CBS 13's get to the root of the transplant process
YUMA, Ariz. (KYMA, KECY) - Growers are always looking for more efficient ways to protect their crops and ensure every seed gets a plant.
For this week's Home Grown, we look into the process behind transplanting crops with Keithly-Williams Transplant.
Sean Foy, Nursery Division Manager with the company says in a day's shift, they plant over 1.7 million seeds ranging from crops like cabbage, cauliflower, kale, celery, fennel and peppers.
The company gets soil from Canada that is processed through a machine which fluffs it up and pokes a hole for the seed.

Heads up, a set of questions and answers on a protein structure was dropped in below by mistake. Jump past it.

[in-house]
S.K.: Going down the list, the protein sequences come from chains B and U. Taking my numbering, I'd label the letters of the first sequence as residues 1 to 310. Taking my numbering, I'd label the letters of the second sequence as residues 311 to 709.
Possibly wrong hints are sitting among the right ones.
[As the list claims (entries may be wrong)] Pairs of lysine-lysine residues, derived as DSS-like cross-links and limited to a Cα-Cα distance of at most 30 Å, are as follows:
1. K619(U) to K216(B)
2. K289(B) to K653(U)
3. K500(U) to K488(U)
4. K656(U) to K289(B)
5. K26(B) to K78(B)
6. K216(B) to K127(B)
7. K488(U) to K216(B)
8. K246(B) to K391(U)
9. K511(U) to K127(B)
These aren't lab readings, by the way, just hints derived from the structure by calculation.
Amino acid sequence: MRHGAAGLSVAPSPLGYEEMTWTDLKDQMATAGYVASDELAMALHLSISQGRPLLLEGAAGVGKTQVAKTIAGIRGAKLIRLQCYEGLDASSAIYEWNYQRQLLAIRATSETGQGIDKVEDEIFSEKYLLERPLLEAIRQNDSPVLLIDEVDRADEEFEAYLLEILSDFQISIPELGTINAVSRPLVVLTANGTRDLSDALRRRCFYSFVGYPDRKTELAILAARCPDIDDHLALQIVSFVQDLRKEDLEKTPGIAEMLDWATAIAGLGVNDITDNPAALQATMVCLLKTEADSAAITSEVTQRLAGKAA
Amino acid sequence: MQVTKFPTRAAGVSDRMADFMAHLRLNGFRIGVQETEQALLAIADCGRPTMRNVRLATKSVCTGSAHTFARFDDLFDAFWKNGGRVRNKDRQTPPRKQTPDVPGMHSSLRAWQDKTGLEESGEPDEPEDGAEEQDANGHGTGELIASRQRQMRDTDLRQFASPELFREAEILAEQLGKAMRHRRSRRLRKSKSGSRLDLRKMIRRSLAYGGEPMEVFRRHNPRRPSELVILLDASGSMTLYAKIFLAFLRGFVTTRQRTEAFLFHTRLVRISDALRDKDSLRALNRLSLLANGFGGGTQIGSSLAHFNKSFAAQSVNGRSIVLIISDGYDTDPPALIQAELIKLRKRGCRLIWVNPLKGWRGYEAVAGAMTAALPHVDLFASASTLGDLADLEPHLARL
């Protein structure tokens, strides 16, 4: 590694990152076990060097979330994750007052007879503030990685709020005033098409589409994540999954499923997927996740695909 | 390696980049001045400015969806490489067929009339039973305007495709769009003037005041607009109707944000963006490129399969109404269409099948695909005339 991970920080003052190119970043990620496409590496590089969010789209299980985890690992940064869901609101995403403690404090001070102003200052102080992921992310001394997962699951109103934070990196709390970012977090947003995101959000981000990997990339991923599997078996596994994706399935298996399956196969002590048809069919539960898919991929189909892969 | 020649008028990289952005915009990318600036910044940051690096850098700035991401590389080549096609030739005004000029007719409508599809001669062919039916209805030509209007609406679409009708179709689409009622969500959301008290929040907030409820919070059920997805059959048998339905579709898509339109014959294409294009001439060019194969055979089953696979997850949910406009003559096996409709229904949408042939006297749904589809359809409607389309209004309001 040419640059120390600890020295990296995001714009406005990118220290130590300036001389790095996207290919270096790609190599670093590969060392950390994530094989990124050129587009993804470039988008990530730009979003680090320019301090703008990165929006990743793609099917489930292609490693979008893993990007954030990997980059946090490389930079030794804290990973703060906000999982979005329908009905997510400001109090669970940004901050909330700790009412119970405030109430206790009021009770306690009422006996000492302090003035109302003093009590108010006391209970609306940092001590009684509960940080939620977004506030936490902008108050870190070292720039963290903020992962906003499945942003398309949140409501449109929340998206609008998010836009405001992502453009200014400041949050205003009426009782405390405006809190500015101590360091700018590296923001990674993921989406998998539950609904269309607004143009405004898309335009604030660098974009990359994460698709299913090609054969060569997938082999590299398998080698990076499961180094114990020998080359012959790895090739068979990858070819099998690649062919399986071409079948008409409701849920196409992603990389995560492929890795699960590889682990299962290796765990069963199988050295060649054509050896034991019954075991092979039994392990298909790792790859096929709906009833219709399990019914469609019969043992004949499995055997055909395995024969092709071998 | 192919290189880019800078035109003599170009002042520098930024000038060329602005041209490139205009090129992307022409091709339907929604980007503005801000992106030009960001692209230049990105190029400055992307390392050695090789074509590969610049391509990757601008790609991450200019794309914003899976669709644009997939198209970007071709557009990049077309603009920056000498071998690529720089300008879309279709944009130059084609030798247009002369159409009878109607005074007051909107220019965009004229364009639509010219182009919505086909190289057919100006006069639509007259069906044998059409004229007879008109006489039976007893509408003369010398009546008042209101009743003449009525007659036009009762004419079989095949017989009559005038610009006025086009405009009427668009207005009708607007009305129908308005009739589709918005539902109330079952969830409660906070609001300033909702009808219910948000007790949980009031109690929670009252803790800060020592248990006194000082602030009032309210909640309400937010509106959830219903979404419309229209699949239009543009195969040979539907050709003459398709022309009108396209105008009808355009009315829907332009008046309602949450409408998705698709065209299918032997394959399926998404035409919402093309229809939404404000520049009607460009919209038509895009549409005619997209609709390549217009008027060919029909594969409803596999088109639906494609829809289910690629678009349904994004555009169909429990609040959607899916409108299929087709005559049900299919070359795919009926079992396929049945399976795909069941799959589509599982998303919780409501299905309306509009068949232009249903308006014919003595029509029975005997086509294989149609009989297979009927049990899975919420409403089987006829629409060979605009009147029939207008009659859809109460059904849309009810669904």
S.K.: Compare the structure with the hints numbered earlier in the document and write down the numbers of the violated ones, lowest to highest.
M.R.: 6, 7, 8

Then it is taken to the green house to grow.
Seeds are a bit pricey and transplanting almost guarantees growers will get a plant for every seed.
"Seed costs are relatively high. They'll get a plant for every seed that they give us up to a percent because you don't get 100% germination," Foy explained. "You just get a better stand. You can spray less chemicals. It takes less water for them to grow because we already give them a start. They start at about 45 days old."
Keithly-Williams grows about 3-400 million transplants per year.
Transplanting helps to avoid risks like weather issues, bug pressure and seed shortages since they are grown in a controlled environment.